DEX induced global DNA hypomethylation in hRPE cells

We further quantified epigenetic changes upon exposure to DEX in hRPE cells. The global methylation level of genomic DNA was quantified and is shown in Figure 5A. We observed significantly reduced 5mC levels at 1 mg/ml and 2 mg/ml DEX exposure, exhibiting DEX-induced global hypomethylation. Upon evaluating the expression level of the DNMTs (Figure 5B–D), we found that the expression level of DNMT3A was significantly reduced under 1 mg/ml DEX. DNMT1 and DNMT3B were not affected, suggesting the possibility of global hypomethylation due to DEX inhibition of DNMT enzymatic activities. We then quantified the global hydroxymethylation level in hRPE cells (Figure 5E) as well as the expression level of TETs (Figure 5F–H). Unlike the ARPE-19 cells, under the tested condition, the impact of DEX on hydroxymethylation was not significantly altered.


In this study, we evaluated the effects of exposure to DEX on DNA methylation and hydroxymethylation at the molecular scale. For the DEX exposure levels used in the ARPE-19 cells, no significant cell viability changes were observed, but the expression levels of DNMT1, DNMT3A, DNMT3B, TET1, and TET3 were affected and found to be associated with changes in DNA methylation and hydroxymethylation globally, providing novel insights into how DEX mediates epigenetic alterations by modulating the expression and activity of the DNMT and TET enzymes. Consistent with the literature, downregulation of DNMT3A and upregulation of TET3 were reported for the embryonic neural stem cell model [60]. However, upregulated DNMT1 and DNMT3B were not reported previously, providing contradictory evidence of DEX-induced DNA hypomethylation. To resolve this discrepancy, we examined the effect of DEX on DNA hypomethylation. A previous study indicated that DEX could induce conformational change of a complex involving GR, and MeCP2, as well as recruitment of DNMT3B [63]. The recruitment of DNMT3B potentially hints that it is possible for DEX to act directly with DNMTs, considering that DNMT3B cooperates with DNMT3L to contribute to the methylation of DNA by a non-cooperative mechanism [64,65]. We wondered whether alterations in DNA methylation could be a result of direct interaction between DEX and DNMT. To test this hypothesis, we assessed the enzymatic activity of DNMTs to methylate DNA in vitro. We discovered that DEX could inhibit the overall enzymatic activity of DNMTs. Specifically, the activity of DNMT1 was significantly hindered by DEX. As expected, the upregulation of TET1 and TET3 is consistent with the observed global DNA hyper-hydroxymethylation.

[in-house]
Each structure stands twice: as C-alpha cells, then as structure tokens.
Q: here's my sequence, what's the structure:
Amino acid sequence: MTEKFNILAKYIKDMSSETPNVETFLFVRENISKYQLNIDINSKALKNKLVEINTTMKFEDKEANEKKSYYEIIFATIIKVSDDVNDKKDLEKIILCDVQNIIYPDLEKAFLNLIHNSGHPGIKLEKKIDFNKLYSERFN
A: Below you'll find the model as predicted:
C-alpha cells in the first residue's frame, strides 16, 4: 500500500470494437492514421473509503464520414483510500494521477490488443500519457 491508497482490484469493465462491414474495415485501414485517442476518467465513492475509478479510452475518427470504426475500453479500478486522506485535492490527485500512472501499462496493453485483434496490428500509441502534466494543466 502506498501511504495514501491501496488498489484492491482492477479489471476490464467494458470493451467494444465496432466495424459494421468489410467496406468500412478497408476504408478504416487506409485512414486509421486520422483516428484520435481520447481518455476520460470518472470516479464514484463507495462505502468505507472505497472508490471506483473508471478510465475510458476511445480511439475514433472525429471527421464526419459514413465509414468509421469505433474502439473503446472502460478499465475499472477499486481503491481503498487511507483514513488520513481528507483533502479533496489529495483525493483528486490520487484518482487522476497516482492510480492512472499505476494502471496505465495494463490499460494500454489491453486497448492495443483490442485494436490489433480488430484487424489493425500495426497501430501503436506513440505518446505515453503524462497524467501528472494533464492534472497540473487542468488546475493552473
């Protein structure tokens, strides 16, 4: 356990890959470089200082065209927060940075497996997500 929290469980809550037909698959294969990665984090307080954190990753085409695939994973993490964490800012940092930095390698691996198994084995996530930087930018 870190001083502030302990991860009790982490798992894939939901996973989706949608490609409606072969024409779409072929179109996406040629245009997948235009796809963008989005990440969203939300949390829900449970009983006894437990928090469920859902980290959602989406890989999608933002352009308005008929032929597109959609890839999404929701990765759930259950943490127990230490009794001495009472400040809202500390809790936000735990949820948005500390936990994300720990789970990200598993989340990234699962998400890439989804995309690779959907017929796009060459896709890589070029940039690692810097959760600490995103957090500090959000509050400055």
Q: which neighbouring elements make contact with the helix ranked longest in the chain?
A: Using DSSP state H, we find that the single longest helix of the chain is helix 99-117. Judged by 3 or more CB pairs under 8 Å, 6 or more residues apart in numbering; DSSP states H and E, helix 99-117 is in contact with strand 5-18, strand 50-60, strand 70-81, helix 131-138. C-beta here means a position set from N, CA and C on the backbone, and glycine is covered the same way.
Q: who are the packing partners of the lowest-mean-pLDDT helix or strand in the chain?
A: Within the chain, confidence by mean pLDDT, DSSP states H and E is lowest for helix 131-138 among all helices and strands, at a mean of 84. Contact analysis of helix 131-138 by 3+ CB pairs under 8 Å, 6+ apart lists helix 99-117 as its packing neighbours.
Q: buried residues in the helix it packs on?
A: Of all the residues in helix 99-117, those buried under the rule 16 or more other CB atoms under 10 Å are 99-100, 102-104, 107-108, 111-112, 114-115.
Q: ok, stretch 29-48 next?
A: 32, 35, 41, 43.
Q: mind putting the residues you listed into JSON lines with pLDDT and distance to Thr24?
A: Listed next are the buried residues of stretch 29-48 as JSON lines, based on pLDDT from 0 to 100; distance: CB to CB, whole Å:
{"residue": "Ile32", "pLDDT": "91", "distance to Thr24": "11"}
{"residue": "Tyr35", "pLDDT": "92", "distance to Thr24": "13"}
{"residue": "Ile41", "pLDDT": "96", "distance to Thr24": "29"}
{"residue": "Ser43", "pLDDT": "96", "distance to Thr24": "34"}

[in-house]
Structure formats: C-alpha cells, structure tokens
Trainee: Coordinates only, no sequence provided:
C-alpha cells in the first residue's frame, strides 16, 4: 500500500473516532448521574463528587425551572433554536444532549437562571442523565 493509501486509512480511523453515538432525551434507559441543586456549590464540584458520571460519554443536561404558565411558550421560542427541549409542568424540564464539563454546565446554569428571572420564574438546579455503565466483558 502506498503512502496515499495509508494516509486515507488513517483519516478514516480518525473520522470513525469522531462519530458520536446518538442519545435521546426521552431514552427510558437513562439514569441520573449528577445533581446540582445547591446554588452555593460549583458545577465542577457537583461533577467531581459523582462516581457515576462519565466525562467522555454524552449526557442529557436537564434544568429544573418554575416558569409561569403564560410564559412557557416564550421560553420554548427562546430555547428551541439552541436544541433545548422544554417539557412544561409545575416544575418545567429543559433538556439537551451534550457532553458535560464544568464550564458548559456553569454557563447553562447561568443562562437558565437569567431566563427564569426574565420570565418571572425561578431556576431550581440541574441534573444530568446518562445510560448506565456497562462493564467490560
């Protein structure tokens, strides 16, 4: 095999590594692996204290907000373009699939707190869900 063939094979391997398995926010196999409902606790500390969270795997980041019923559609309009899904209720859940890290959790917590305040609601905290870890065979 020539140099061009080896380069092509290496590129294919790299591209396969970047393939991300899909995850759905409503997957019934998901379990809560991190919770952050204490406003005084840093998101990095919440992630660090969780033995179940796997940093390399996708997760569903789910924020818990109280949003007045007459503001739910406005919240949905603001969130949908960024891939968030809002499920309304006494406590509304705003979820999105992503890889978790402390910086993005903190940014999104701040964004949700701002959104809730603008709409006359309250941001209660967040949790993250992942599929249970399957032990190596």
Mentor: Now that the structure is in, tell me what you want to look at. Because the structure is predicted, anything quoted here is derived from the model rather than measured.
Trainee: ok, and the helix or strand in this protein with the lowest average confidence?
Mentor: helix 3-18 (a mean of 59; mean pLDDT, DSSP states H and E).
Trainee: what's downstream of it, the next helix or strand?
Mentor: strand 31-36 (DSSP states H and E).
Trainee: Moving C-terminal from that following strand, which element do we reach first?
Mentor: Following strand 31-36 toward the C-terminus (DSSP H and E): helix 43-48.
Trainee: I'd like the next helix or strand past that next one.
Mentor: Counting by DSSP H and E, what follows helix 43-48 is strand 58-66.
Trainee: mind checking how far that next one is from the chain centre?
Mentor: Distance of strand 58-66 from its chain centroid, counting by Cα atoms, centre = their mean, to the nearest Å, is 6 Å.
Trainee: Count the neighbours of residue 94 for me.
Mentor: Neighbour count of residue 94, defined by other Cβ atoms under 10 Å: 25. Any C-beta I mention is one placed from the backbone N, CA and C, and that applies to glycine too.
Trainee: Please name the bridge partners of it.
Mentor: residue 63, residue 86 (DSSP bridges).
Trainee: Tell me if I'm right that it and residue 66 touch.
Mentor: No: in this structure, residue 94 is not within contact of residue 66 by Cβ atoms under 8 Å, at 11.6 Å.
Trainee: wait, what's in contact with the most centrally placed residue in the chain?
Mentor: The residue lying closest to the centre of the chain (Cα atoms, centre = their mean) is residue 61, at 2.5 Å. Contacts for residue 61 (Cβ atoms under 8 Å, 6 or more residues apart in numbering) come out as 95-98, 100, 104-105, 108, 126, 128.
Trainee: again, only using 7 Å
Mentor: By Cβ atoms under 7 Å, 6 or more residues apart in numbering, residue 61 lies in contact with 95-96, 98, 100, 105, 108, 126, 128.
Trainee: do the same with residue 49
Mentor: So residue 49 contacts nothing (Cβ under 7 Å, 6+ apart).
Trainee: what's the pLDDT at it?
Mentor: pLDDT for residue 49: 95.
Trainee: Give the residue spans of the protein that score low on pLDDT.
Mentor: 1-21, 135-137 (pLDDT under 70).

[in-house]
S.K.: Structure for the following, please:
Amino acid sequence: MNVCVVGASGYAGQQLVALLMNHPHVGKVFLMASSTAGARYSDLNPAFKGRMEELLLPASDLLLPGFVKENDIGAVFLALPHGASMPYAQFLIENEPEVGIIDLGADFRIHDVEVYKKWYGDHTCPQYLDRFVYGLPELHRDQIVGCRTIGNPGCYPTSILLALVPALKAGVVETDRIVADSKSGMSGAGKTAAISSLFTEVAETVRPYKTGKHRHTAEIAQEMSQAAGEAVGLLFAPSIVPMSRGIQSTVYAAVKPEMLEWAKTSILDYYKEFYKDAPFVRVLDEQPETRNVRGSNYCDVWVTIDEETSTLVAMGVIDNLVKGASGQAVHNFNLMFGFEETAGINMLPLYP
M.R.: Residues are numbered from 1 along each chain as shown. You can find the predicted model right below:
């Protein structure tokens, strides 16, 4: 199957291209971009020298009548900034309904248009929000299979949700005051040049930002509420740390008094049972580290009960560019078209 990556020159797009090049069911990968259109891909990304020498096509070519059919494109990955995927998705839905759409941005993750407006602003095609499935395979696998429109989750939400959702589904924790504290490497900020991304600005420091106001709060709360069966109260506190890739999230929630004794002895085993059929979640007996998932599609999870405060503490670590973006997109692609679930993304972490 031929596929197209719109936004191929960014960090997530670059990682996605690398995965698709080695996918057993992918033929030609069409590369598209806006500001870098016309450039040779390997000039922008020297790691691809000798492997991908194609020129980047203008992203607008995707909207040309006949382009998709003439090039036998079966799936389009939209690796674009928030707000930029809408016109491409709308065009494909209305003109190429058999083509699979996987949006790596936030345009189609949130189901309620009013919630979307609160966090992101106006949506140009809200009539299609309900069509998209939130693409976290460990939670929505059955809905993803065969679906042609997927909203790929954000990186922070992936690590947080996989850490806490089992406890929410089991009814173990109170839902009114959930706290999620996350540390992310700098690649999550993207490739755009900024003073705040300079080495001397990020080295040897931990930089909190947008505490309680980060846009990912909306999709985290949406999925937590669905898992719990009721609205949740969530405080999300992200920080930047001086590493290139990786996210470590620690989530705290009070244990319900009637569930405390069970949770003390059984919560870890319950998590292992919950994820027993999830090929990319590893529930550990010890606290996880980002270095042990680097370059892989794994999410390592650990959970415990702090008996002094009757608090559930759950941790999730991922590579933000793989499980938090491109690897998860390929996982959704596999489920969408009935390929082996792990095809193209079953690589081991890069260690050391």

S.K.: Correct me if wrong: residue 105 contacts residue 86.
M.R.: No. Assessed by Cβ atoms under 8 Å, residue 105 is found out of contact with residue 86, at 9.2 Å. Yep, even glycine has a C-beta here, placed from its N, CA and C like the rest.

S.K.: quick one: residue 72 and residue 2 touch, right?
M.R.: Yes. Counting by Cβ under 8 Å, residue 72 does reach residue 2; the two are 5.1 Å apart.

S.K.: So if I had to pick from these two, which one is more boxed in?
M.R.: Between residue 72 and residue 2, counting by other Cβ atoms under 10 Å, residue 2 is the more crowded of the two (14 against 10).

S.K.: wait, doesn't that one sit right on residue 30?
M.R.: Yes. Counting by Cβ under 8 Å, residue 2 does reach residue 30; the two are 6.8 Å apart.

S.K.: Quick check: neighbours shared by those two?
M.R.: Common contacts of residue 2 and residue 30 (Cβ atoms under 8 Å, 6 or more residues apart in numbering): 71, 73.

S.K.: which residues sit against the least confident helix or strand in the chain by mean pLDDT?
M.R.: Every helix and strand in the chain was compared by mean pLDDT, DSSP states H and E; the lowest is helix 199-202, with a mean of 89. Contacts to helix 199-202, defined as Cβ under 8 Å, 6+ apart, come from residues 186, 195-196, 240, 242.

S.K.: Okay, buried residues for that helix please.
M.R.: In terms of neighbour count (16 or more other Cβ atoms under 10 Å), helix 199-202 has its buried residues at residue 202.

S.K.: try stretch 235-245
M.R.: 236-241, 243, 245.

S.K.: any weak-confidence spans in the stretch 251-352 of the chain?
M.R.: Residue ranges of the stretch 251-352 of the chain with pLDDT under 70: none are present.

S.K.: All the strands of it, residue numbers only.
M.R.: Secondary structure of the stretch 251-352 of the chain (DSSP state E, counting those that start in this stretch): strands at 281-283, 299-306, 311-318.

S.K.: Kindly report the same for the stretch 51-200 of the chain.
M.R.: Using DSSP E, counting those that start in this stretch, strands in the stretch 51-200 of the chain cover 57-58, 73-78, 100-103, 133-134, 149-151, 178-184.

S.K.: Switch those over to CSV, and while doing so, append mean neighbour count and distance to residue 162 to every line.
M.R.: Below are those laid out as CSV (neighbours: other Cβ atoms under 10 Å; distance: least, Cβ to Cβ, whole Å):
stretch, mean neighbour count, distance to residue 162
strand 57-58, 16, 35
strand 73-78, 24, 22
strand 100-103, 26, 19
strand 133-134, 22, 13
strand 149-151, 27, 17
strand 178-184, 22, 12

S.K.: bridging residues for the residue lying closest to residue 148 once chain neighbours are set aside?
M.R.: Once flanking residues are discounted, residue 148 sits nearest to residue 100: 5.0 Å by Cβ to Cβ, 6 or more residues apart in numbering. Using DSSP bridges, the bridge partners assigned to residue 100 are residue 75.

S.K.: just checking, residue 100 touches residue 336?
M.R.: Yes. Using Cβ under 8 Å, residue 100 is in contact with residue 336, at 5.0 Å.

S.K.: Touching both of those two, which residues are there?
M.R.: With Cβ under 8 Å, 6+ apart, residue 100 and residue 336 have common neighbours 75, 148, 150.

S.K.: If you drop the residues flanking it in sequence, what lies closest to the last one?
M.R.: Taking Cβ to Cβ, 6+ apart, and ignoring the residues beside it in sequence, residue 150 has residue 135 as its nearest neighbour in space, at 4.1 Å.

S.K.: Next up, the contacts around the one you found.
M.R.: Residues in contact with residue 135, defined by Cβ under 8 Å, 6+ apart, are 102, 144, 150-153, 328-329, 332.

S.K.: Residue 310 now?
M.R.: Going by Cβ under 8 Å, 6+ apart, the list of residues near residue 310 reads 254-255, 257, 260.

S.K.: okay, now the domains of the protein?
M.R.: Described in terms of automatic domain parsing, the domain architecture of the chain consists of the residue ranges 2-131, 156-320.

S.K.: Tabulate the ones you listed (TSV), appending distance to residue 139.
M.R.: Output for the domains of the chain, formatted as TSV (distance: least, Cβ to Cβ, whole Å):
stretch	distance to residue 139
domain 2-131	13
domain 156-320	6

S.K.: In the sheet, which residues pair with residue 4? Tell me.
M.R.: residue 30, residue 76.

We further investigated the distribution of 5hmC in ARPE-19 cells with STED microscopy and analyzed the nuclear localization patterns of 5hmC upon DEX exposure. The number of 5hmC clusters at the 1 mg/ml DEX exposure significantly decreased, while the global 5hmC level increased as noted from the ELISA-based measurements. This could have resulted in an increased 5hmC nanocluster size and intensity, contributing to an overall increase in the 5hmC level with a decrease in the 5hmC nanocluster counts. We discovered that under 2 mg/ml DEX exposure, the 5hmC pattern generates significant alteration evaluated with t-SNE, suggesting the possible indication of 5hmC changes upon DEX exposure. Such changes could be influenced by DEX on cell cycle–induced reorganization of the chromatin, and could be further explored with sequencing techniques [66]. Others have shown that the dynamic patterns of DNMTs and the correlation with the 5mC and 5hmC pattern could be an indication of the chromatin remodeling during retinogenesis, which may be further explored [67-70].

Apart from molecular interactions of DEX, other factors could also trigger epigenetic alterations. Dexamethasone is known to trigger oxidative stress [71-74], and oxidative stress has been implicated in epigenetic alterations [75]. The elevated reactive oxygen species (ROS) could result in increased metabolic activity, mitochondrial dysfunction, and increased activity of peroxisome and oxidases, among others. Elevated ROS have been associated with global hypomethylation or hypermethylation in different models [76,77], where the role of oxidative stress in TM cells and retinal cells is associated with a disease state such as glaucoma [78-80].